U.S. GDP growth came in at an annualized 0.5% in Q1’16, according to the Bureau of Economic Analysis. It represented the third consecutive weak showing for the economy in the first quarter of the calendar year. GDP growth was an annualized 0.6% in Q1’15 and -0.9% in Q1’14. The pace of growth, however, accelerated in subsequent quarters in both 2014 and 2015. The 160,000 new jobs created in April, while positive, was the lowest nonfarm payroll number in the last seven months, according to the Bureau of Labor Statistics. As has been the case with first quarter GDP growth rates of late, monthly job creation has also experienced hiccups. In 2015, the number of new jobs created came in below 160,000 in three of the 12 months, yet the full-year average was 228,667 per month. Despite the softer economic data, we still believe there is the potential for the Federal Reserve to raise the federal funds rate as early as June, providing there is a rebound in job growth. The current bull market in stocks (S&P 500 Index), which began after the close on 3/9/09, stood at 2,610 days as of 4/30/16, becoming the second-longest bull market in history, according to data from Bespoke Investment Group. The longest bull market lasted 4,494 days (12/4/87-3/24/00). From 3/9/094/29/16, the cumulative total return on the S&P 500 Index was 254.85%, according to Bloomberg. In April 2016, 228 of the 308 companies in the S&P 500 Index that reported earnings for Q1’16 beat their estimate, or a beat rate of 74.0%, according to Bloomberg.
The S&P 500 Index closed at 2,065.30 on 4/29/16, which was 3.07% below its all-time high of 2,130.82 set on 5/21/15, according to Bloomberg. In April, the top three performing major sectors that comprise the S&P 500 Index were Energy, Materials and Financials, up 8.70%, 4.95% and 3.40%, respectively, on a total return basis. The two worst performers were Information Technology and Utilities, down 5.39% and 2.41%, respectively. The top three performing S&P 500 Index subsectors in April were Diversified Metals & Mining, Gold and Oil & Gas Exploration and Production, up 35.40%, 31.57% and 17.04%, respectively, according to Bloomberg. The two worst performers were Specialized Consumer Services and Human Resources and Employment Services, down 23.39% and 17.75%, respectively. Year-to-date through April, the top performing sector was Telecommunication Services, up 14.15%, while the top subsector was Diversified Metals & Mining, up 106.79%. One of the concerns in 2015 was that a relatively small number of large-capitalization companies drove the S&P 500 Index higher. That is not the case so far in 2016. The breadth of the rally in stocks since 2/11/16 (the low for the S&P 500 Index in 2016) has been strong, according to Bespoke Investment Group. The smallest companies within the S&P 500 Index have been the best performing stocks. Bespoke broke down the S&P 500 Index into deciles by market capitalization. It found that the 50 smallest companies in the index were up an average of 42.5% through 4/28/16, while the 50 largest companies were up an average of 11.7%, the lowest return of any decile.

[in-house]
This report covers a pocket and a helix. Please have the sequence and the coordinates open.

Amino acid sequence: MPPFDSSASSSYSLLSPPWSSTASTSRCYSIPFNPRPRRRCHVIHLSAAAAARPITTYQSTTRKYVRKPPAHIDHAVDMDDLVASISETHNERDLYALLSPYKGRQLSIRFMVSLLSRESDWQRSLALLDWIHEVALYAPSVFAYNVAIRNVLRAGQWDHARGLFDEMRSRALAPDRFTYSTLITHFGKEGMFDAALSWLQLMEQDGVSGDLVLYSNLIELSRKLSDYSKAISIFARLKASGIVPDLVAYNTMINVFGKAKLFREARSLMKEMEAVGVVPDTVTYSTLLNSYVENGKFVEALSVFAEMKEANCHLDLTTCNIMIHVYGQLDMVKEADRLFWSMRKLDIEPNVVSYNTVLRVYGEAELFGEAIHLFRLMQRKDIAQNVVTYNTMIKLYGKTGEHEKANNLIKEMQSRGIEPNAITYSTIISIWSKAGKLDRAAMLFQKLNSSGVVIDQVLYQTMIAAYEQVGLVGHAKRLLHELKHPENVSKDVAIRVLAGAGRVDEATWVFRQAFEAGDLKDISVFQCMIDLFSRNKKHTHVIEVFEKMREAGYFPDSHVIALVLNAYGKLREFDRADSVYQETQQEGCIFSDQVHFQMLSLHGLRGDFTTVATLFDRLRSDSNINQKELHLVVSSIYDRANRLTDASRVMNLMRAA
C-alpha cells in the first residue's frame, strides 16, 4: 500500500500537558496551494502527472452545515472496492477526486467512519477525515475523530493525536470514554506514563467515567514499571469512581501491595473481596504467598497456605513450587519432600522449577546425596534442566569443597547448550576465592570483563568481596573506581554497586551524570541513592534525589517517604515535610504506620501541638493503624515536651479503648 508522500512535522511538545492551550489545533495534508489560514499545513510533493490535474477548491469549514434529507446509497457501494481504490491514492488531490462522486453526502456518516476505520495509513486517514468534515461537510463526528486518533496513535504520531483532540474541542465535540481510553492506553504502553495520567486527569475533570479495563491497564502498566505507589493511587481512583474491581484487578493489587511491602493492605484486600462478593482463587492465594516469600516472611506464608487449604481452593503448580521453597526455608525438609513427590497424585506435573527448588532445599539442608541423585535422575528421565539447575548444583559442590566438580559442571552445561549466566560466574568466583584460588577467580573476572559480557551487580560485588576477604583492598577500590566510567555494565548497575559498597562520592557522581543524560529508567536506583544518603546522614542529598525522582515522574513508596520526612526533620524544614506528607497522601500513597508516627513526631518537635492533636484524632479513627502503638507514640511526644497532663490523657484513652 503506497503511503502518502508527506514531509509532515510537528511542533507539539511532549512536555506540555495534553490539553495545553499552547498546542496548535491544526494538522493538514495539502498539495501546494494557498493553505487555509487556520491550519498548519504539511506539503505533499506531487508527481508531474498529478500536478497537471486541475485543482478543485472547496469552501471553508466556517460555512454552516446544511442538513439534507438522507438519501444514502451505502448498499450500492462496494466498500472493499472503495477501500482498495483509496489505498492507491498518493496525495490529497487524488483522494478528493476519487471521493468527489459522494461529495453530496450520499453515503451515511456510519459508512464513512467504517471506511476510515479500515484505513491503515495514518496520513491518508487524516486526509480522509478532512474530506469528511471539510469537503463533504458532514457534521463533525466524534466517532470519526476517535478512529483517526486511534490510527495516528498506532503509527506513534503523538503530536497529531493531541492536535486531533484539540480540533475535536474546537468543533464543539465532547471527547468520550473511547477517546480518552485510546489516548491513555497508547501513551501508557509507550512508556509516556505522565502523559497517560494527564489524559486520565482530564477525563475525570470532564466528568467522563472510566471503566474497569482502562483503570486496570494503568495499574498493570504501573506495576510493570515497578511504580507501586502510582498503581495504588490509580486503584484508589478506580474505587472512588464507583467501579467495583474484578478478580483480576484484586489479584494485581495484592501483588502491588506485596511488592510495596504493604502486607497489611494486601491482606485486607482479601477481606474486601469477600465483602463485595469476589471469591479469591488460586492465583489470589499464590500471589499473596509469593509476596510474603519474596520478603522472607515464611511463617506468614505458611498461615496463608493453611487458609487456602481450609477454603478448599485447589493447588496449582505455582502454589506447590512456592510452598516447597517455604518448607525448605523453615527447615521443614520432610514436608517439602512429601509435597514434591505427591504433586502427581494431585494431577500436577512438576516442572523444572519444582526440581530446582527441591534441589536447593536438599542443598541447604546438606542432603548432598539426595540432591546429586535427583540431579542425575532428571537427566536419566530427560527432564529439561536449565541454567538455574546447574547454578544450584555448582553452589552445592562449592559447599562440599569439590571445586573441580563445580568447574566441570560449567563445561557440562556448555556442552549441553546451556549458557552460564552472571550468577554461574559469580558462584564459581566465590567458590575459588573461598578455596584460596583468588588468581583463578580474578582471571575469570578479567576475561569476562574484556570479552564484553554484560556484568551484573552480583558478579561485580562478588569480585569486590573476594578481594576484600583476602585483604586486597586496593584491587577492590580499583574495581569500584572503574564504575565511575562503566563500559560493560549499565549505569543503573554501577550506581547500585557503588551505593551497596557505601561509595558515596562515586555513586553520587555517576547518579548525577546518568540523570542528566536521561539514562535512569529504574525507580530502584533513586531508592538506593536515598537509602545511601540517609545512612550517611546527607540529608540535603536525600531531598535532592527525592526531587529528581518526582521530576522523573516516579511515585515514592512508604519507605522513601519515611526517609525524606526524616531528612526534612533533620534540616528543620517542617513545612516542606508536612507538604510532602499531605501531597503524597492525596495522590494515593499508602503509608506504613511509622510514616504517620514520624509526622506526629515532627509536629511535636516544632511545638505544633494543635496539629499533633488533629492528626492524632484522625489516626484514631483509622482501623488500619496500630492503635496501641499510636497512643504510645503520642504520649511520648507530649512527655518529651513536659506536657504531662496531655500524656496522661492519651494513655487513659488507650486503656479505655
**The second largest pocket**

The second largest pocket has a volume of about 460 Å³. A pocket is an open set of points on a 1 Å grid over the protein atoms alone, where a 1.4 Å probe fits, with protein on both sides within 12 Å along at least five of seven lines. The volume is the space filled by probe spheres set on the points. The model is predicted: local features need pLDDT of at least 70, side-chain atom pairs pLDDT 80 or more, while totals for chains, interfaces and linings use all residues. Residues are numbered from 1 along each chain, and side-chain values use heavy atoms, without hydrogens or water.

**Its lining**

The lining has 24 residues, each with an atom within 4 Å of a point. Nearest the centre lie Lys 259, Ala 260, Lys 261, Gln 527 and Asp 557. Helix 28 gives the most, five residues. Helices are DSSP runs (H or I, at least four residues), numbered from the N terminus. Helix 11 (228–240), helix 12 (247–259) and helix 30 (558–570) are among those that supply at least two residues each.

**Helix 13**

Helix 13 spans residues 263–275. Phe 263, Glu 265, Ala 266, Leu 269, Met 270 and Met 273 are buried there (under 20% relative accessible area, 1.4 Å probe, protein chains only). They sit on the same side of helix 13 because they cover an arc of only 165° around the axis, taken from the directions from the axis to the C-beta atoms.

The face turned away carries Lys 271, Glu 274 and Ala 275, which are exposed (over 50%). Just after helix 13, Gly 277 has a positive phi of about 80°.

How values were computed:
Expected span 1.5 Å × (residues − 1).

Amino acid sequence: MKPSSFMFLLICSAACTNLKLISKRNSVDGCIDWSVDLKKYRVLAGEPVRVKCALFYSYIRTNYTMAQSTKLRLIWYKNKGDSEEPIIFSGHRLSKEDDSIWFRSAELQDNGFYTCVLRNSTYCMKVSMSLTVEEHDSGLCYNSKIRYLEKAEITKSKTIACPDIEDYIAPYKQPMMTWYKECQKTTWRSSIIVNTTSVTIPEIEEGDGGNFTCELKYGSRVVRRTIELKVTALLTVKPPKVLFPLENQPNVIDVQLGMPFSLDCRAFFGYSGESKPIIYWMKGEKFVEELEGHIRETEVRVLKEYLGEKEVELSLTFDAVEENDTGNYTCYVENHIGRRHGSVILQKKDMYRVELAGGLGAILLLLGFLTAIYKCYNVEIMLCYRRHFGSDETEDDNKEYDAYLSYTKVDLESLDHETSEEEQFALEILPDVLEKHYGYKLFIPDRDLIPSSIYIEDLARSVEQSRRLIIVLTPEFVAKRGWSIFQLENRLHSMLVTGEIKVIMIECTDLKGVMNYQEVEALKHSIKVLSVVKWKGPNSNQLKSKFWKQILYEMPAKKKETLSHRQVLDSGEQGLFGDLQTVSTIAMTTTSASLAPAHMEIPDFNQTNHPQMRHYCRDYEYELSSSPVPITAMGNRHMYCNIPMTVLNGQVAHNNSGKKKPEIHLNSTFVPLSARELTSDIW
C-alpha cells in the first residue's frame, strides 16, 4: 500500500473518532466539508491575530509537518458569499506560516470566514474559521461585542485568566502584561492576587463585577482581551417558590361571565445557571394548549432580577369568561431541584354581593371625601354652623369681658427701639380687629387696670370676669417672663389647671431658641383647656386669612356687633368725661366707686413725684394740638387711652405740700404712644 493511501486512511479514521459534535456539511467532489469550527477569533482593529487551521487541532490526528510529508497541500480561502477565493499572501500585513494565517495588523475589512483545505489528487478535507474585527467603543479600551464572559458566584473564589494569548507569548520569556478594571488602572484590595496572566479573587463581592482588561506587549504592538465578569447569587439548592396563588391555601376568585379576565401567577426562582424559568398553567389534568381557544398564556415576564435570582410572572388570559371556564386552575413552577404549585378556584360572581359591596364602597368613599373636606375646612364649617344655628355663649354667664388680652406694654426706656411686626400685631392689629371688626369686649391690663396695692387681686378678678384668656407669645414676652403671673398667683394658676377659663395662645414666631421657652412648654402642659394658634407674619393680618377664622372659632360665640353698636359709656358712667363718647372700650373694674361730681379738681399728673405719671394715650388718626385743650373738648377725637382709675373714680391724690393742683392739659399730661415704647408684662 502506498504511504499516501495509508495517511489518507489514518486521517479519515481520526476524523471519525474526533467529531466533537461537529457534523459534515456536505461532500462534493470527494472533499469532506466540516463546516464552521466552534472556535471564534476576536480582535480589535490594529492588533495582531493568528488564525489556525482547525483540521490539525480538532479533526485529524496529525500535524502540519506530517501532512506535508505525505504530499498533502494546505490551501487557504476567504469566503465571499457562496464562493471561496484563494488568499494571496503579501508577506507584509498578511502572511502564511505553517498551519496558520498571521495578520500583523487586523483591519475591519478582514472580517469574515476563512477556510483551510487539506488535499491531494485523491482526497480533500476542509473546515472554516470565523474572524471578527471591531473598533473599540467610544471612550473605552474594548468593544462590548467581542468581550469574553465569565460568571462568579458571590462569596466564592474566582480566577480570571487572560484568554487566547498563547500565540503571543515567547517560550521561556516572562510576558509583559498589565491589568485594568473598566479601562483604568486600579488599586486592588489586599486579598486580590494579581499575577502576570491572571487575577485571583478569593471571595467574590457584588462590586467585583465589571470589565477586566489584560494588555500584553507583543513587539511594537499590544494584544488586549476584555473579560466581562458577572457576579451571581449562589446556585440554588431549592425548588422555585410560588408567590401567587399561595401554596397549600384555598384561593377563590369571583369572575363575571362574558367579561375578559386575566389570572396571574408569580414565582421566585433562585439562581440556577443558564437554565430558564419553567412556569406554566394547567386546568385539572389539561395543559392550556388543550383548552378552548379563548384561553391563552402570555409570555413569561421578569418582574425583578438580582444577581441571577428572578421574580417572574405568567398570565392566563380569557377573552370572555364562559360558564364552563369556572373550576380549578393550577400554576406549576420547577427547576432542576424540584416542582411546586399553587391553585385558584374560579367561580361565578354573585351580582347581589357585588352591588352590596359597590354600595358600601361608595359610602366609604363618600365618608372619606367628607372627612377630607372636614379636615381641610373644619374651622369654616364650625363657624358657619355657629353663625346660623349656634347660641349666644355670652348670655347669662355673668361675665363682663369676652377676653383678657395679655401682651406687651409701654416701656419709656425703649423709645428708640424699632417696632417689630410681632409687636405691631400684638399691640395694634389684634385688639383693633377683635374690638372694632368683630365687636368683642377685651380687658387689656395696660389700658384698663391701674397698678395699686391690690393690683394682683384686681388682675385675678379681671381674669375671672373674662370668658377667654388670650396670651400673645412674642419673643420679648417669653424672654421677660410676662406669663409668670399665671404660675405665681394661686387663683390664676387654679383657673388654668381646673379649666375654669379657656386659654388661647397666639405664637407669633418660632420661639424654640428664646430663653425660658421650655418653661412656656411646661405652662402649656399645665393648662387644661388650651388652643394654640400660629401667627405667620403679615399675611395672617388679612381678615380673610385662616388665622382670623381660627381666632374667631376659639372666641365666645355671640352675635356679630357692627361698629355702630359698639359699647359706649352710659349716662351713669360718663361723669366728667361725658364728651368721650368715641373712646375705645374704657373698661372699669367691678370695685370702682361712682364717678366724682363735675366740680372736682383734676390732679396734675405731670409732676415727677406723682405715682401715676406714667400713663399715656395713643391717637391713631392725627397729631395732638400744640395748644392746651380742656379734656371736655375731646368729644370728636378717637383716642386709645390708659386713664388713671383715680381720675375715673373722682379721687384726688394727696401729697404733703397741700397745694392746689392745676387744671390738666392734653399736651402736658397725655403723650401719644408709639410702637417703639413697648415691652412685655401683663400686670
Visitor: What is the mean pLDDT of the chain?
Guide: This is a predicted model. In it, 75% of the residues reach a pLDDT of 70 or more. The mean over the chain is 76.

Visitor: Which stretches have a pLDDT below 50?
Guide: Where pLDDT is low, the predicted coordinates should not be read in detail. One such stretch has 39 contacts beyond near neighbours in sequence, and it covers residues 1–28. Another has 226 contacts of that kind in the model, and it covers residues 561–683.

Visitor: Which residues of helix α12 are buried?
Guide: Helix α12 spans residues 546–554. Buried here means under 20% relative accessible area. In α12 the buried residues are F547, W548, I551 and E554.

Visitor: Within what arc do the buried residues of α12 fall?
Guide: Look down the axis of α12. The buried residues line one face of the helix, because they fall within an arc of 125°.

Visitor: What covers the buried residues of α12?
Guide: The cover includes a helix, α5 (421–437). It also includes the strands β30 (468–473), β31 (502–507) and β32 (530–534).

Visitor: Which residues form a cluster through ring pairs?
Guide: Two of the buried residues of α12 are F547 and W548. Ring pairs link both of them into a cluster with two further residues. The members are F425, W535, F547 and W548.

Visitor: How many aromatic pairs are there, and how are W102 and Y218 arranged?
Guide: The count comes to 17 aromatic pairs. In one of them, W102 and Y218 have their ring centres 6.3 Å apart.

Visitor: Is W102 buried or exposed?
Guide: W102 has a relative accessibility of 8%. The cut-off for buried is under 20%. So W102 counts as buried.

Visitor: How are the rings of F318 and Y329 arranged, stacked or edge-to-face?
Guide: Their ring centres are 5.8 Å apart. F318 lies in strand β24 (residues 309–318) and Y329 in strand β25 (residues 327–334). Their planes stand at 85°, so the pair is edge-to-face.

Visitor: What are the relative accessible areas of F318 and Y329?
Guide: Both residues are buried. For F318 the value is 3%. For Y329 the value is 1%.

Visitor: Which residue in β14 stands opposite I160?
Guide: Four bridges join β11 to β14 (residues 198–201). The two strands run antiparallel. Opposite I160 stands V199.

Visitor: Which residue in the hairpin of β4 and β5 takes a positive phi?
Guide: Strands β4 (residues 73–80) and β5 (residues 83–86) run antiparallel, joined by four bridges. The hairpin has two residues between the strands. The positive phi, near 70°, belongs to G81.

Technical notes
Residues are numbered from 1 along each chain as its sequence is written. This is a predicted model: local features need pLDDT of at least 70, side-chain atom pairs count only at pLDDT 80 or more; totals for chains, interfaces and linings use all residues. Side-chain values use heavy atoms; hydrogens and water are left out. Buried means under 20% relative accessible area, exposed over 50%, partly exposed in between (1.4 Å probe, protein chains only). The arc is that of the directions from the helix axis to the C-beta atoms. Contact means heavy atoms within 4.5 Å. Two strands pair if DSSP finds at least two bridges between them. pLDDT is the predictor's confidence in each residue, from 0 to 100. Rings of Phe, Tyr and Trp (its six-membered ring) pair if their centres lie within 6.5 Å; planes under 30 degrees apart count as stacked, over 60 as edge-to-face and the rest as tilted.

In April, the yield on the benchmark 10-Year Treasury Note rose six basis points to 1.83%, which was 20 basis points below its 2.03% yield on 4/30/15 and 50 basis points below its three-year average of 2.33%, according to Bloomberg. Fitch Ratings reported that negativeyield bonds issued by governments around the world result in bondholder losses of approximately $24 billion a year, according to MarketWatch. Lenders are essentially paying borrowers to take their capital. As of 4/25/16, the amount of negative-yield bonds outstanding was $9.9 trillion. Japan accounts for 66% ($6.5 trillion).
While we acknowledge there are many headwinds challenging the markets these days, we still like to emphasize the positive. RealtyTrac recently reported that housing foreclosures in the U.S. fell to their lowest level in nine years in Q1’16, according to MarketWatch.com. The S&P/Experian First Mortgage Default Index stood at just 0.77% on 4/29/16, well below its alltime high (inception was 4/1/04) of 5.67% on 5/1/09, according to Bloomberg.
Market commentary by Bob Carey and Brian Wesbury, First Trust. Data through April 2016. Sources: Bloomberg, Barclays, Investment Company Institute.
Past performance is no guarantee of future results. Historical performance figures for the indices are for illustrative purposes only and not indicative of any actual investment. Indices are unmanaged and an investor cannot invest directly in an index.